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Community-based Approach for Sustainable Peacebuilding

The impact of violent conflicts on any country and its society is inevitably destructive and devastating. The effects on the state and civilians can be multifaceted from tangible injuries, killing, and damage to intangible pervasive fears and psychological traumas. Sadly, more than 1.4 billion people, including half of the world’s extremely poor people, are bound to live in fragile and conflict-affected settings with more than 65 million being forcibly displaced. These dynamics are only set to grow and are expected to cross the line of 82% growth by the end of 2030 unless the world takes appropriate measures to prevent it.

Reconciling conflicts and achieving sustainable peace have been the subjects of focus throughout the recent decade, with a number of development agencies and countries investing in them. Sustainable peace is a concept endorsed by the UN general assembly that stresses the importance of having a long-term, comprehensive vision in all responses to violent conflicts to end vicious cycles of lapse and relapse. Historical evidence and experience suggest that communities remain relatively resilient in conflict settings, providing coping mechanisms for insecurity and fragility. Thus, growing attention is being paid to the adoption of community-based approaches while dealing with conflicts.

What is a community-based approach to peacebuilding?

The community-based approach seeks to empower local community groups and institutions by expanding their direct controls over investment decisions, project planning, monitoring, and evaluation. The key to the approach is inclusive participation that creates a sense of community ownership and lays the ground for the sustainability of development interventions.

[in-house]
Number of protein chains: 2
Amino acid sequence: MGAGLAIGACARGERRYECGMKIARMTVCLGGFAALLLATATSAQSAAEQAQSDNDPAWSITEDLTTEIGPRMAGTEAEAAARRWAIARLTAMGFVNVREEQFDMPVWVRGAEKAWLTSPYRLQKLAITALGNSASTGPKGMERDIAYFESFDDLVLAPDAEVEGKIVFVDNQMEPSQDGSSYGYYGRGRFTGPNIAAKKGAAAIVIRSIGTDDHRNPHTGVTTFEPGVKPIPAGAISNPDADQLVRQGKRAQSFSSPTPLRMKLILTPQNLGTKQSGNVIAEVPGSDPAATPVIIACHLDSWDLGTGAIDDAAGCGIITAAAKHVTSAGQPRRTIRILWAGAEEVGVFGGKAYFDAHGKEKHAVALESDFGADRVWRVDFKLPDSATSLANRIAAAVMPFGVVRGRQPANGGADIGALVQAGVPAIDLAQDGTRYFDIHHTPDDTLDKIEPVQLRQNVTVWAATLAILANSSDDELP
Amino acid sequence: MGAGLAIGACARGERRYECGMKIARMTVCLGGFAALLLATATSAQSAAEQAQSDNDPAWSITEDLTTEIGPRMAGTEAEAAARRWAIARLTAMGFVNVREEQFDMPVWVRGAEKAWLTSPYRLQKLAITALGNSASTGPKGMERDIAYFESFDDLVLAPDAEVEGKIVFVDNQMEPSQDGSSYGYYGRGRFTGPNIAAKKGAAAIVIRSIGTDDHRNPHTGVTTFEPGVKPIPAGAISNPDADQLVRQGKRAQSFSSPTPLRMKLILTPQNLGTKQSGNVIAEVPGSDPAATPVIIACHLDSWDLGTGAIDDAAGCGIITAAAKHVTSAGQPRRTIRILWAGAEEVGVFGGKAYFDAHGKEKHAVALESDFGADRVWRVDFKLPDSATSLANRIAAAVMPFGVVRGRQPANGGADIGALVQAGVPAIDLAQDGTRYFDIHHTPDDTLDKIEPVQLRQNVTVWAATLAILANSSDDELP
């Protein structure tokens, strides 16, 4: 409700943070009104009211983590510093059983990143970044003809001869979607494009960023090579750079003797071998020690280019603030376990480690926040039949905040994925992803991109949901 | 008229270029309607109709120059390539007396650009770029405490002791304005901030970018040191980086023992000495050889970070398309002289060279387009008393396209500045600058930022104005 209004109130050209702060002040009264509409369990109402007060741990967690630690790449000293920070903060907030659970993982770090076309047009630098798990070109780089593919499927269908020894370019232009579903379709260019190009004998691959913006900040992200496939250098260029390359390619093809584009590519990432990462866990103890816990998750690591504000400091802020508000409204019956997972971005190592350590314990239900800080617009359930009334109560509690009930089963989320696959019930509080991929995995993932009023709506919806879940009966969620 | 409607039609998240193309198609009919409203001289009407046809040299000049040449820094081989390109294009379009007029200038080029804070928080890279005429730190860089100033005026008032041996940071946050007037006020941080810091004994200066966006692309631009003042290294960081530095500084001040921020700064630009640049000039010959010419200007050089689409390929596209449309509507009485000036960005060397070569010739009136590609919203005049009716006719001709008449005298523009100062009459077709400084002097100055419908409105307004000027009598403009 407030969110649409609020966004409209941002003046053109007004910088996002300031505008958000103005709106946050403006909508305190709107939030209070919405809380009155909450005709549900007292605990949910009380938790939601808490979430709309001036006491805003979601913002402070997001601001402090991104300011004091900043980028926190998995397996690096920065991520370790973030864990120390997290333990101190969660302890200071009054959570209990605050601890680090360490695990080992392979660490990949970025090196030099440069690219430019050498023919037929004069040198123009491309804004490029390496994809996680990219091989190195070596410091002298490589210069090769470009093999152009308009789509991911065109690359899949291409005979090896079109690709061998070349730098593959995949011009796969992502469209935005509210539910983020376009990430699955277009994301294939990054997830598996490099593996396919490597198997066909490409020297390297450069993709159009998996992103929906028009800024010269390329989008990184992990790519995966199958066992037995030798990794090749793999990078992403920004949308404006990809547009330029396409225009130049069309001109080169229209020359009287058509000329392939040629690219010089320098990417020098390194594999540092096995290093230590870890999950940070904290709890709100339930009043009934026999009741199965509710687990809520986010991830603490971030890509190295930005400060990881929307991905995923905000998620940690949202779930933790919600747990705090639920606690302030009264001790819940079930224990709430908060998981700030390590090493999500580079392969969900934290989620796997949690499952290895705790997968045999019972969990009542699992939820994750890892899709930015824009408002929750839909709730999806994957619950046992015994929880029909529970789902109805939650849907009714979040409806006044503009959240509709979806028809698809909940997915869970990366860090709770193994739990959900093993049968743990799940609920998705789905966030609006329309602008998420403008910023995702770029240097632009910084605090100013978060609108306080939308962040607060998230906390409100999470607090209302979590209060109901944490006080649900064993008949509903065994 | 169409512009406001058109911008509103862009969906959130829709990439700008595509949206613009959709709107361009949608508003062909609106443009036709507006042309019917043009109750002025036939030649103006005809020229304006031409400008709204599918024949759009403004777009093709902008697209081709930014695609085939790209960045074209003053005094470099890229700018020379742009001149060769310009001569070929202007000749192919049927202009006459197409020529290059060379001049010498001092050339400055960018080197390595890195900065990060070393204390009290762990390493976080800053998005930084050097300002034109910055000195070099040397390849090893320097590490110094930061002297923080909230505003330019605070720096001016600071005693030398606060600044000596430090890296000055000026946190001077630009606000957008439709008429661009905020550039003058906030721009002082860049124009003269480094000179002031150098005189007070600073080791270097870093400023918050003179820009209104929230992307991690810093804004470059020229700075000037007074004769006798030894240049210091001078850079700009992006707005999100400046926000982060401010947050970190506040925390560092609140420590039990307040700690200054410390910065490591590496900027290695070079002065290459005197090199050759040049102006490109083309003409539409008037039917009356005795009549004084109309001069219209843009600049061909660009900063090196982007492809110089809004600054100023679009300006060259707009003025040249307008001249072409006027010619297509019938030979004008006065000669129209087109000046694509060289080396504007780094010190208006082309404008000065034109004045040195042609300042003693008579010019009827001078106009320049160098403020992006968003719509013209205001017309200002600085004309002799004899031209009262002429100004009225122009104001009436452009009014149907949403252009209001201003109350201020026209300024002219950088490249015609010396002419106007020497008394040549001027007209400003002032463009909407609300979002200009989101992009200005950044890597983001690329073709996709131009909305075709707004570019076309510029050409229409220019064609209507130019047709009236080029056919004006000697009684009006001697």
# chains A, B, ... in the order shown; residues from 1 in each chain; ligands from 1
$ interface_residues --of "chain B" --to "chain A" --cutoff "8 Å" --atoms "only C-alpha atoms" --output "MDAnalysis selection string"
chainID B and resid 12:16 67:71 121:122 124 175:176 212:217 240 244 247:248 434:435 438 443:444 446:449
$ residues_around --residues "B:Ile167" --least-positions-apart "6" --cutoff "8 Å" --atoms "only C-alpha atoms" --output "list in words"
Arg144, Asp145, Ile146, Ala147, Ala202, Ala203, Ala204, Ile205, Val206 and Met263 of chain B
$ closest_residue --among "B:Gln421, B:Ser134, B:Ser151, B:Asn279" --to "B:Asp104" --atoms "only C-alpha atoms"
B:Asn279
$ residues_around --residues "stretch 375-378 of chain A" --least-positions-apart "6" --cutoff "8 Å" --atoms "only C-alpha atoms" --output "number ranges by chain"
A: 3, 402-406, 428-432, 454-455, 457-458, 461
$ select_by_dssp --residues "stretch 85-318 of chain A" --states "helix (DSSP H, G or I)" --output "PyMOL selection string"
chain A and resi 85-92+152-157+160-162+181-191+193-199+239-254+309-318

A community-based approach is a constructive tool that complements the weaknesses of public institutions, strengthens local governance, and reconnects the state with its citizens. The community-based approach facilitates the accumulation of social capital in divided societies and fosters a safe space for interaction between different groups. It can be applied in various contexts and circumstances from conflict prevention to peacekeeping and reconciliation.

Key Challenges with Community-based Approach

A community-based approach does not always result in conflict resolution or mitigation

Although the community-based approach has a great potential to contribute to sustainable peacebuilding, in practice it usually seeks to transform the relationships, facilitates collaboration between different actors, and links to broader peace strategies. Inclusive processes can promote community solidarity and the creation of social capital. However, since the dominant groups often feel threatened by a participatory approach that challenges traditional decision-making structure, they shall be resistant to changes and broader reforms in order to preserve the authority. Therefore, the community-based approach has the potential to either diffuse or exacerbate the existing conflicts.

A community-based approach does not necessarily mean greater inclusion or participation

Frequently, the community-based approach simply mirrors pre-existing social and cultural patterns resulting in further marginalization of e.g., women, poor, and other socially excluded groups as they refrain or are restricted from participation in forums. In such cases, traditionally dominant groups manage to even enhance their influence and power resulting in greater gap and inequitable societies.